Horse dealing

             Often keen dog breeders such as

              greyhounds or lurchers (Burke, 2007)
 “Travellers should have equality of access, equality of
  participation and equality of outcome in a fully inclusive
  education system that respects Traveller identity and

  (Department of Education and Skills,
                          2006 )
 According to the recent “All-Ireland Traveller Health
       In ROI , only 38.5% of 30-44 year old Traveller’s and 25.8% of
        45-64 year olds had primary education.

 Quote from Traveller teenager:
   “Slow learners, like I got put into a room with the teacher fixing
     jigsaws and I got put into the slowest class in school. Slow
     learners every one used to call it. And I got put into that like
     automatically without even doing a test. And just putting me
     down like”.
 Road bowling
 Cycling
 Horse and carts -“Sulkys”
 Boxing
 Soccer
 Handball
 Horse Shoes
           A “Secret” Language
         1. Shelta, Cant, Gammon.

         2.            “Markers” (Hayes, 2006)

1.       Vfghf

(Bhreatnach, A. (1998). Travellers and the print media : words and Irish identity. Irish Studies

         Review, 6 (3), 285-290.)
What is health?

                  “Health is a state of complete
 physical, mental and social well-being and not
 merely the absence of disease or infirmity.” (W.H.O.,
 “ All people need to be able or enabled to engage in
 the occupations of their need and choice , to grow
 through what they do , and to experience
 independence or interdependence , equality,
 participation , security ,   health , and well-
 being.”                 (Wilcock & Townshend ,
 2008, p.198).
                       Female Life Expectancy   11 Years Less

                   Male Life Expectancy is 15      years less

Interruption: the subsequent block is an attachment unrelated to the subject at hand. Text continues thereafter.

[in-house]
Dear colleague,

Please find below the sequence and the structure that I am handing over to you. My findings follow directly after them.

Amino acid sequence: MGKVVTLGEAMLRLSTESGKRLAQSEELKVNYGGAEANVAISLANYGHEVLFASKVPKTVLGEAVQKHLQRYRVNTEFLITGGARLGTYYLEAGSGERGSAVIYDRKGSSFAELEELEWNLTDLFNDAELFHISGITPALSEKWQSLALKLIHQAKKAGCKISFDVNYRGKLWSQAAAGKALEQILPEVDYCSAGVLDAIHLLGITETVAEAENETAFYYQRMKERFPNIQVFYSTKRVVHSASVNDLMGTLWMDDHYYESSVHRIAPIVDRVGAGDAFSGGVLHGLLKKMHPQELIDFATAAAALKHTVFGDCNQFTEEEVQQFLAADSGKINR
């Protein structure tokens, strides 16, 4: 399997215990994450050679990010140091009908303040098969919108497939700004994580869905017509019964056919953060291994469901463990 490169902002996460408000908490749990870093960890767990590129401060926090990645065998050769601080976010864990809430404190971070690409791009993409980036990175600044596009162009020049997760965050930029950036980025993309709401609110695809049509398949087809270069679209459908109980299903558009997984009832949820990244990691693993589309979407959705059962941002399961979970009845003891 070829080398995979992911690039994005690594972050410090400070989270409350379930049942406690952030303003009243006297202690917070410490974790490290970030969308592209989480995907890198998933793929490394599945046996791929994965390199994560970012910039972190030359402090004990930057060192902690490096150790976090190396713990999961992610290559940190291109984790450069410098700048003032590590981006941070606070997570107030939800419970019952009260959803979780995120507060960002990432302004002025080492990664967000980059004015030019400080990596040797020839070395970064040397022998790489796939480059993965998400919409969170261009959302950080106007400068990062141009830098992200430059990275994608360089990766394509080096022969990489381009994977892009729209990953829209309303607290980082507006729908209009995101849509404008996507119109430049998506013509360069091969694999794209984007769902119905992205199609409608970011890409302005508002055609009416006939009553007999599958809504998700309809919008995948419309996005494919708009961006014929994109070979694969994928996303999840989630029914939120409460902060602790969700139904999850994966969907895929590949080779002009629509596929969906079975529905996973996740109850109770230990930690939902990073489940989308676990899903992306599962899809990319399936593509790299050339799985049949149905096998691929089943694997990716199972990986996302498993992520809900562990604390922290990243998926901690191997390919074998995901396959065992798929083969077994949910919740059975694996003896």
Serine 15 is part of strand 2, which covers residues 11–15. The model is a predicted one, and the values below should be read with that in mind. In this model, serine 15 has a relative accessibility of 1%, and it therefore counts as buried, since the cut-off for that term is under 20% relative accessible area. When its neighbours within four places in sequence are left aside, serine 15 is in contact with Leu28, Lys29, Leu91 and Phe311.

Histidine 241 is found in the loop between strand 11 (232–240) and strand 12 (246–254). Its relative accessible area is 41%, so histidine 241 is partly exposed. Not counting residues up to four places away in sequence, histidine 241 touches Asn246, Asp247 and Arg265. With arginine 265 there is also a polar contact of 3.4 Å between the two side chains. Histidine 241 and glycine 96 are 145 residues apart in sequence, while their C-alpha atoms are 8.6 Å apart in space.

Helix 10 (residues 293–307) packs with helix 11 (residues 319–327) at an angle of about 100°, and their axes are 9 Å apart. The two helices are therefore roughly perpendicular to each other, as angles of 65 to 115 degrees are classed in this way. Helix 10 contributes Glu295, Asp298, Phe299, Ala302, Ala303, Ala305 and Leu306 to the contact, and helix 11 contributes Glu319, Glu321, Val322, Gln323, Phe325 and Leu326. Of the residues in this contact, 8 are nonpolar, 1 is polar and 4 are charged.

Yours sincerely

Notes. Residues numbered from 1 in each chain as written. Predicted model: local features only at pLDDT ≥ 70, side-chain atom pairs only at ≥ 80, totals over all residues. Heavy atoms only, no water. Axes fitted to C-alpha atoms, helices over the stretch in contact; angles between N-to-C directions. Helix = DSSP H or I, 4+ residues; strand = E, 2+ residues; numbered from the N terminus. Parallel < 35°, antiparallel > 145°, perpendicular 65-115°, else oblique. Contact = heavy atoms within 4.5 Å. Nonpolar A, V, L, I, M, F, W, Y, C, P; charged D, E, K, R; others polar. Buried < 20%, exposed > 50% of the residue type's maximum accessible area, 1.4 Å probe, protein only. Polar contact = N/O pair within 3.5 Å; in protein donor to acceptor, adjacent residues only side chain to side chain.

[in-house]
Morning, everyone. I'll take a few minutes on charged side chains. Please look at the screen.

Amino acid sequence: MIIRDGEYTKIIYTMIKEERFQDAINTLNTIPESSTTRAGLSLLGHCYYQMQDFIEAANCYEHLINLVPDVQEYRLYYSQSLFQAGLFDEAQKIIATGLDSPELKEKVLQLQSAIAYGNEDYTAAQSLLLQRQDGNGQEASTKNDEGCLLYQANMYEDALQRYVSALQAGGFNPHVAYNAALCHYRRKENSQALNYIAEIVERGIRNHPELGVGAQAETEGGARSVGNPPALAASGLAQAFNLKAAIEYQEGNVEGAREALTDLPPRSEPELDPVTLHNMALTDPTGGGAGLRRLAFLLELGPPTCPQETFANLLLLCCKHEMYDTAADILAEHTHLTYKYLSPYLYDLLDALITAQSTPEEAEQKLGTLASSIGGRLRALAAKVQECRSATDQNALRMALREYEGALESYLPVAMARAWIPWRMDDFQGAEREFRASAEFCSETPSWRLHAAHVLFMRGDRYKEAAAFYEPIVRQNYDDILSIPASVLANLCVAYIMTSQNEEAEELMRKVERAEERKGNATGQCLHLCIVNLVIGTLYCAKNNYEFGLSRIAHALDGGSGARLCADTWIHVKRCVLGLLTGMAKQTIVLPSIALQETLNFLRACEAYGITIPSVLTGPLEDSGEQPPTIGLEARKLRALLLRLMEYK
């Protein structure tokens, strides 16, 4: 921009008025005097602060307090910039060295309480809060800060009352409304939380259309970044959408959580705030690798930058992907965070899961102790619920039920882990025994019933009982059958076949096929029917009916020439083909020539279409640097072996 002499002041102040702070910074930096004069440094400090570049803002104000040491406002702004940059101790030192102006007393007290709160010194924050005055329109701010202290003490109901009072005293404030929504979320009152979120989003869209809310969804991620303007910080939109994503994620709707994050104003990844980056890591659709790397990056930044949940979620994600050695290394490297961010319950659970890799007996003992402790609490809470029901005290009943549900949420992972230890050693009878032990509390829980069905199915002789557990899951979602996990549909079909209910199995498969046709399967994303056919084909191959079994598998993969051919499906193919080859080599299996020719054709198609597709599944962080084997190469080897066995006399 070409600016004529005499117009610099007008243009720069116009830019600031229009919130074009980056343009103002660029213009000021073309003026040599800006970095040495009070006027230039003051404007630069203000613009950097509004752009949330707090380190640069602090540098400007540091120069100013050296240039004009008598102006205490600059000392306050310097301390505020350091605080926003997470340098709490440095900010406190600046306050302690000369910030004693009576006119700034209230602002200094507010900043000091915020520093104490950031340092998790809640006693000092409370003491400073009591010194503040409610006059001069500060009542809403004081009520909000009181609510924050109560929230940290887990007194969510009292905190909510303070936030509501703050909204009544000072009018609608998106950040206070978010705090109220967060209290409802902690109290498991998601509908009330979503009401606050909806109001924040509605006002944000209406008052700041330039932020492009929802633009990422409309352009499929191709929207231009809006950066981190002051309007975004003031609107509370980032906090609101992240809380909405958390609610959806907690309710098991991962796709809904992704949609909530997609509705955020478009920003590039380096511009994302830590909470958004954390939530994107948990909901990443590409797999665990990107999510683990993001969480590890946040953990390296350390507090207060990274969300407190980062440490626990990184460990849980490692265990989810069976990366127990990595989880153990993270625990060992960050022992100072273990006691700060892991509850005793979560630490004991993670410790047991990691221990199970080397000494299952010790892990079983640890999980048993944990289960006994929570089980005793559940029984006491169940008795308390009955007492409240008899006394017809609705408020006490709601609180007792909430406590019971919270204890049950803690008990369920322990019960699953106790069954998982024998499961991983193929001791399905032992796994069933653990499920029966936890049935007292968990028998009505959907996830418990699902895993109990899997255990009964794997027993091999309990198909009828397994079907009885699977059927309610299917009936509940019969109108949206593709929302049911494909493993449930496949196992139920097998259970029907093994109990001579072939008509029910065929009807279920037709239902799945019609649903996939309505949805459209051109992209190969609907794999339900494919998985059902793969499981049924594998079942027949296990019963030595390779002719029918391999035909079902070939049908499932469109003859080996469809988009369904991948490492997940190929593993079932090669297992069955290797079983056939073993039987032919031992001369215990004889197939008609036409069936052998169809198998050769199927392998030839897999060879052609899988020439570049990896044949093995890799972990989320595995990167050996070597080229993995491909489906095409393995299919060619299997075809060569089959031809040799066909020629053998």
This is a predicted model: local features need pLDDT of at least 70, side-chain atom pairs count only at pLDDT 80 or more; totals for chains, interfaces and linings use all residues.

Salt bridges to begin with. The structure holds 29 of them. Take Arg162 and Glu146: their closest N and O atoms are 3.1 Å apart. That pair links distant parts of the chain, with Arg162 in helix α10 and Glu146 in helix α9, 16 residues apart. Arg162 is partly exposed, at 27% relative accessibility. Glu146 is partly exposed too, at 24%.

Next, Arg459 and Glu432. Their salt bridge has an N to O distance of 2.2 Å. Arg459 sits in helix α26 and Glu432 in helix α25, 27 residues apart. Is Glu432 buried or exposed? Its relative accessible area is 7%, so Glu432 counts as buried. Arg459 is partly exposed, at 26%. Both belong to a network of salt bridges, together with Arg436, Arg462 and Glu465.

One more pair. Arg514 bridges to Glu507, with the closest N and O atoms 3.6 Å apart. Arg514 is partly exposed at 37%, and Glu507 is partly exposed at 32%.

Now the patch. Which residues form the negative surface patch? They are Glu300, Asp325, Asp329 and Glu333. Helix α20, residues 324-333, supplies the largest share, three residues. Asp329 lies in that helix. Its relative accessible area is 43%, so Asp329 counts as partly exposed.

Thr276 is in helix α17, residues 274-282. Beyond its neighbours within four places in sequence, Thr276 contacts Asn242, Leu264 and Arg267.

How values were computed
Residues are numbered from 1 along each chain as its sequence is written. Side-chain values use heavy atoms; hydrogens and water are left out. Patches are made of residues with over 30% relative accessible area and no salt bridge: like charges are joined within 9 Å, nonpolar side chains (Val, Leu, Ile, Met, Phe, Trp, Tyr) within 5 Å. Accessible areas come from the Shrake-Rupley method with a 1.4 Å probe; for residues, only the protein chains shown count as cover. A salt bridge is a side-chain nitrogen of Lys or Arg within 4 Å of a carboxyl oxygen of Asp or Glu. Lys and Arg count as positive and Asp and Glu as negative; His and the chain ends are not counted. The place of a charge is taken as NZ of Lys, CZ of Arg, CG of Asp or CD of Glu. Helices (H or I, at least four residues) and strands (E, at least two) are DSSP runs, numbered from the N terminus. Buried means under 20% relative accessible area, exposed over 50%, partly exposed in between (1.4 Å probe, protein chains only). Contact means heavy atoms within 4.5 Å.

 Only 3.3% of the Traveller Community are over 65 years
  compared to 11% of the general population.

 Traveller men mortality rate   x4

 Traveller women mortality rate   x3

 Suicide Rate x6
 Most Travellers believe they experience poor health
 and attribute this to three main factors:

   1.   Lack of Appropriate Accommodation

   1.   Discrimination

   1.   Racism and poor health behaviours. (AITHS, 2010, pg.
 Differences occur at all levels from access to follow up
    50% of settled people used outpatient services
       compared with 11% of Traveller patients

71% of settled patients were referred to clinical services
        while only 18% of Travellers were referred
 Literature review-Major gap identified

 Qualitative Phenomenological Methodology

 Analyse participants’ experience of meaning

 Examine personal descriptions of lived experiences so
  these experiences can be better understood (Giorgi, 1985).

 Comprehend the holistic complexity of people’s lived
 Subjects for the questionnaire and interview were
 located by contacting the Traveller Visibility Group in
 Cork City

 Issued questionnaires to 10 members of the Traveller

 Group Interview with three members of the Traveller
 Community, one who is a Health Development
 Worker. Also one non-Traveller who is also a Health
 Development Worker
Data Analysis
Very Good
Very Poor







    Yes   No









    Yes   No
    Conducted a Group
 Interview with 3 members
of the Traveller Community,
    One Who is a Health
  Development Worker and
  One Non-Traveller Health
    Development Worker
“Lack   of exercise, unhealthy lifestyle”

“Chesty coughs, colds...”

“Conditions are extremely tough in the
  sites....the outside bathroom is hard
  concrete, no heating.... spread of
“The men would have to be on
 their deathbeds before they’d
        go to the doctor”
“Some G.P.s won’t take on Travellers”

“People living in houses have better
          access to services”
“No outreach from health professions to the
           Traveller Community”

      “Trust Issues...A Trust Barrier”
 Evidence that the Traveller
 Community experience social
 exclusion due to prejudices held
 against them

 Both literary and qualitative reports
 of poor health status and low life
 Lack of awareness in the Traveller Community

 Services of interest:
             Behavioural management
             Health Promotion
             Rehabilitation Services
             Home Modification